Ale Yeah!

Written By: 
Paul Grimshaw
Photographs by: 
Jon Stell

Carolina Ale House serves up great food, beer and sports in a comfortable atmosphere

PHOTO: (left) The Asian Grilled Chicken Salad and the Frickles are two popular menu items.

Occupying the real estate at the corner of 29th Avenue North and U.S. 17 Bypass in Myrtle Beach, the spot where Planet Hollywood’s big blue ball sat for nearly 20 years, the Carolina Ale House has been getting top billing for its unabashed focus on sports, beer and food in a relaxed, casual and completely unpretentious setting.

Some 54 TVs ranging from medium to huge satisfy virtually every die-hard sports fan with whatever game they might be craving. Beer lovers will find 60 taps flowing with IPAs, regional crafts, stouts, porters, sours, wheats, ales and domestics, all served in large or extra large glasses. A sizeable menu covers small plates, soups and salads, burgers, tacos, wings and a surprisingly sophisticated and varied selection of entrees.

The large restaurant offers seating in the main lounge with ample spots at the bar or high-tops and booths. A separate dining area offers easy viewing of the largest TV screens while remaining apart from the bar. An outdoor patio offers even more seating with live music in season. Two full-sized pool tables allow for a little friendly competition.

In the “Bar Bites” section of the menu, patrons may choose from Frickles (fried pickles with horseradish ranch), sweet potato fries, burger or pork sliders, beer-battered cheese curds and much more, most $6–$8. In the “Shareables” section ($9–$13), heartier snacks such as Carolina nachos, grilled chicken flatbread, a brisket quesadilla and a combo platter step up the quantity of food for two or more.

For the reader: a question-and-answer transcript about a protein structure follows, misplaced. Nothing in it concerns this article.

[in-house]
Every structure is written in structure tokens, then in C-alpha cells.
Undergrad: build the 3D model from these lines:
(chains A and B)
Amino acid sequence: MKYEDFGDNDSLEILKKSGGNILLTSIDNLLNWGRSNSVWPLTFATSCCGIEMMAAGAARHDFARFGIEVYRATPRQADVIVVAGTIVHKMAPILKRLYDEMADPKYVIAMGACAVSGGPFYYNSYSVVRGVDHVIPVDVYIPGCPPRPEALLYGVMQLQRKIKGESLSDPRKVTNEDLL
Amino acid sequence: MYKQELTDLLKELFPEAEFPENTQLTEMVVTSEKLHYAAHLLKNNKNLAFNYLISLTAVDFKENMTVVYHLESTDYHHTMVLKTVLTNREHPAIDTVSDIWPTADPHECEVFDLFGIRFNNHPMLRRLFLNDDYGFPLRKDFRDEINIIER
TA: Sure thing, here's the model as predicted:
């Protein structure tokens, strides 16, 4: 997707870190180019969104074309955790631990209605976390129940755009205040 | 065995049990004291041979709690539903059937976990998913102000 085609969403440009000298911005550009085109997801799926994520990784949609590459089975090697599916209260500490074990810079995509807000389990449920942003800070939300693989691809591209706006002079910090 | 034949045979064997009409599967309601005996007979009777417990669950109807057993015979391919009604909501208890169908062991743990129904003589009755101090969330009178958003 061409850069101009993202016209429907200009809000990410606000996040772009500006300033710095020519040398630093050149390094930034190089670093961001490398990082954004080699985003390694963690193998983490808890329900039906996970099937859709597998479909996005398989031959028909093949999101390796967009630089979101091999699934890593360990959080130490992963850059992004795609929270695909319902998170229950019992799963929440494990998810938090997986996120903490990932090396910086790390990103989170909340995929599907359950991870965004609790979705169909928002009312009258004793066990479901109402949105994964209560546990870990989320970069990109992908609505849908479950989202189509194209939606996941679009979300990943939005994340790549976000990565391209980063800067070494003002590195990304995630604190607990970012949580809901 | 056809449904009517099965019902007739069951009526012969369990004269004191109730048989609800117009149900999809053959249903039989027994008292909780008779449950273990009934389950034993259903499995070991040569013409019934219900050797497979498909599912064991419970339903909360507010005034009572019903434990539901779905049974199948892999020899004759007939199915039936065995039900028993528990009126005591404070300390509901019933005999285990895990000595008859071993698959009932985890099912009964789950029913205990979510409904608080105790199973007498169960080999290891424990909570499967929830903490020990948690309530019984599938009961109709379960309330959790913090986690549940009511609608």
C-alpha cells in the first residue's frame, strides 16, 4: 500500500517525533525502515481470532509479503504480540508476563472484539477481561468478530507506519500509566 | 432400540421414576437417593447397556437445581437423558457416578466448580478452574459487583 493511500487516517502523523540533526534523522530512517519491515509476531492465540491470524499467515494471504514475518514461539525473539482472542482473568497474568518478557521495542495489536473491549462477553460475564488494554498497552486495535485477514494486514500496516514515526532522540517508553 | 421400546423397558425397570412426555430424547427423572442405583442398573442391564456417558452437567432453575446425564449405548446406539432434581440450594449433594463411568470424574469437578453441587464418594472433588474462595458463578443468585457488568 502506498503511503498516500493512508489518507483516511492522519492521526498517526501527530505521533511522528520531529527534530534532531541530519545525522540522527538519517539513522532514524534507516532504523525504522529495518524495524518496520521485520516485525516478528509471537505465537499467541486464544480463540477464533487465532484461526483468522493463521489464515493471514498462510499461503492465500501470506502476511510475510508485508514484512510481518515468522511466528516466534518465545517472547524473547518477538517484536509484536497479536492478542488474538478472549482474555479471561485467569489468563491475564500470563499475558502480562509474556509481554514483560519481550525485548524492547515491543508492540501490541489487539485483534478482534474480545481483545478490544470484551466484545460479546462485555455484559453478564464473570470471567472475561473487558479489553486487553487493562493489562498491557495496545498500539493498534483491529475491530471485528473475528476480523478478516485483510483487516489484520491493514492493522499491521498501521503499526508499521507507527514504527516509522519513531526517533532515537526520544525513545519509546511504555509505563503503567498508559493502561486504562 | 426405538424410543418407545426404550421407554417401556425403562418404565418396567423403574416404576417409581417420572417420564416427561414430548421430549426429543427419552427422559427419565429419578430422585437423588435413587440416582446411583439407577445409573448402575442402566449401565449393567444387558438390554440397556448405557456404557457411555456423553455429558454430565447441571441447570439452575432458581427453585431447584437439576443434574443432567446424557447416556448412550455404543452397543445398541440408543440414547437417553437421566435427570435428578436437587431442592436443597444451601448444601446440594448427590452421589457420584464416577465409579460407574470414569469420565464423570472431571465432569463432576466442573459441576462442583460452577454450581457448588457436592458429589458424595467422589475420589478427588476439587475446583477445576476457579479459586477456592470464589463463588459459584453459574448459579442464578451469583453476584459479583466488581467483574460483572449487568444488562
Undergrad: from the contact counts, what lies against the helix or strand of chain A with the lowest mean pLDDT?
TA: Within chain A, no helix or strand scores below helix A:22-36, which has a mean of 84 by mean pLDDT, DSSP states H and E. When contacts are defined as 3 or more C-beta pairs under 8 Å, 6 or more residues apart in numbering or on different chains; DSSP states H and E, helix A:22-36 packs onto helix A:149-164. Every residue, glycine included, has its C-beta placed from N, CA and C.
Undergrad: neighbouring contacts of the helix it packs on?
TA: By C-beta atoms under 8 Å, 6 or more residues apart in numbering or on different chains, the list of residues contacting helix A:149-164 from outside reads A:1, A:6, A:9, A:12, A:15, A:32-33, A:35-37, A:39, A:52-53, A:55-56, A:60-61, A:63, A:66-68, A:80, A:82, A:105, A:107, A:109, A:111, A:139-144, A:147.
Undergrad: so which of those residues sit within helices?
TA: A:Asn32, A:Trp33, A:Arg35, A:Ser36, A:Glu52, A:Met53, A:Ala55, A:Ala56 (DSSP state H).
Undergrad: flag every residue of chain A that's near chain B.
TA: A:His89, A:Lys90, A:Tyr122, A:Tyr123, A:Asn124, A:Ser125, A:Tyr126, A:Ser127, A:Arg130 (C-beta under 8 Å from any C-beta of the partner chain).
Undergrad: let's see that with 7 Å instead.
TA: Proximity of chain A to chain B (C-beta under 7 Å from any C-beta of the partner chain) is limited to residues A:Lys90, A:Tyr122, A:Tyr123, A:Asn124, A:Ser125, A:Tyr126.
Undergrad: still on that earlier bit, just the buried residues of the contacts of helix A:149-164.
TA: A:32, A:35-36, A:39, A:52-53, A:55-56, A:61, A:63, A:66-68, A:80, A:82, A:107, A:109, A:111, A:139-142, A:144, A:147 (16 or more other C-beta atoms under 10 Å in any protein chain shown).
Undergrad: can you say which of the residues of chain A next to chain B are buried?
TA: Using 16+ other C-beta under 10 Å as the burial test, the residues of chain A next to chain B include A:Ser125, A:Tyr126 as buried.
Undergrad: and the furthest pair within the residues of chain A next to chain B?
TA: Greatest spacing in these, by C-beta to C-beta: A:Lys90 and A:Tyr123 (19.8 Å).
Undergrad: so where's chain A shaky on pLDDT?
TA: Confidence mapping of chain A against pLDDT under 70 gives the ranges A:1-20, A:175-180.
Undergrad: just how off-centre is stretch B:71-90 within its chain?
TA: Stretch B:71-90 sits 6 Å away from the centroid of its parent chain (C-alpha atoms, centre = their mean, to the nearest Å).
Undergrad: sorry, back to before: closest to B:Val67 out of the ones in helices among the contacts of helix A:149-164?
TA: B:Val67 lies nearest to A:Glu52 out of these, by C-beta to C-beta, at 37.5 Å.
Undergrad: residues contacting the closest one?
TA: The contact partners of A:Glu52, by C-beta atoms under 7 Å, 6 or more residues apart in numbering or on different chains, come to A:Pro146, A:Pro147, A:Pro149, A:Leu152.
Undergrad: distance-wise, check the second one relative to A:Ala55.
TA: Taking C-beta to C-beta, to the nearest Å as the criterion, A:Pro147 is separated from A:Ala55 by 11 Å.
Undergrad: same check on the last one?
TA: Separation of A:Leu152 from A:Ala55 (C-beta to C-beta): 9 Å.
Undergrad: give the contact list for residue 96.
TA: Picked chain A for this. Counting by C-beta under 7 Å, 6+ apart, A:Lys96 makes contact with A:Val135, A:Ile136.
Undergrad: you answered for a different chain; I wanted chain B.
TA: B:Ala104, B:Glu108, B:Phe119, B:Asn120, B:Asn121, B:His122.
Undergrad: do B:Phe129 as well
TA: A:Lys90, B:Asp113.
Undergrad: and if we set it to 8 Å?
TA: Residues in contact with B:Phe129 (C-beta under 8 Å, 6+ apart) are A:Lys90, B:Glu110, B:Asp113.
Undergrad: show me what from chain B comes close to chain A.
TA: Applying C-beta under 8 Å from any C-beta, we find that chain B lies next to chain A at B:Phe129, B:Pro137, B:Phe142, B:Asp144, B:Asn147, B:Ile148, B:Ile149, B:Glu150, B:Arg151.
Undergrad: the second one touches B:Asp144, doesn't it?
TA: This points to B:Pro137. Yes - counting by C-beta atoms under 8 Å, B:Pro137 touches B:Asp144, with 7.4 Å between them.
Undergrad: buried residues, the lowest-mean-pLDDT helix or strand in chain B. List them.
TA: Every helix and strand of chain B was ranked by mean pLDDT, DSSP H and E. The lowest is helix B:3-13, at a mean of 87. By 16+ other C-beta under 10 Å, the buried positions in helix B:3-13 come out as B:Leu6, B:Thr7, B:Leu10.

One of the most popular menu items, the Asian Grilled Chicken Salad ($10.99), features a mix of red peppers, mango salsa, wonton strips and optional Thai peanut dressing mixed among fresh greens, cabbage, cucumbers, almonds and carrots. When topped with grilled chicken skewers, suddenly you’re no longer in a solely wings and burgers joint.

But if you do just want burgers and wings, no problem. Some six burgers include standard all-American fare, but also include a pimento cheese and bacon burger ($10.49), a brisket burger, and a veggie burger ($8.99), all served with beer-battered fries. Wings come traditional or boneless.

Sandwich options ($8.99–$10.49) include buffalo chicken, turkey club wrap and the Carolina Dipper (smoked beef brisket on a toasted hoagie with caramelized onions, pepper jack cheese and au jus).

Perhaps most surprising are the dozen or so priced-right entrees ($12.99–$19.99), including seafood platters, stuffed salmon, angus top sirloin, ribeye, chorizo meatloaf, chicken prepared in a number of ways, baby back ribs, fish and chips and more.

With a full bar, a happy hour (4–6 p.m. Monday through Friday) with deals on food and booze, a kid’s menu, daily specials, late-night service and most of the sports packages, it won’t be surprising to see this newest in the chain of 30-plus locations continue to make inroads, spreading its simple concept far beyond the Southeast.

Carolina Ale House
2915 Hollywood Drive
Myrtle Beach, SC 29577
(843) 839-4222
https://www.carolinaalehouse.com/
Open 11 a.m.–2 a.m. daily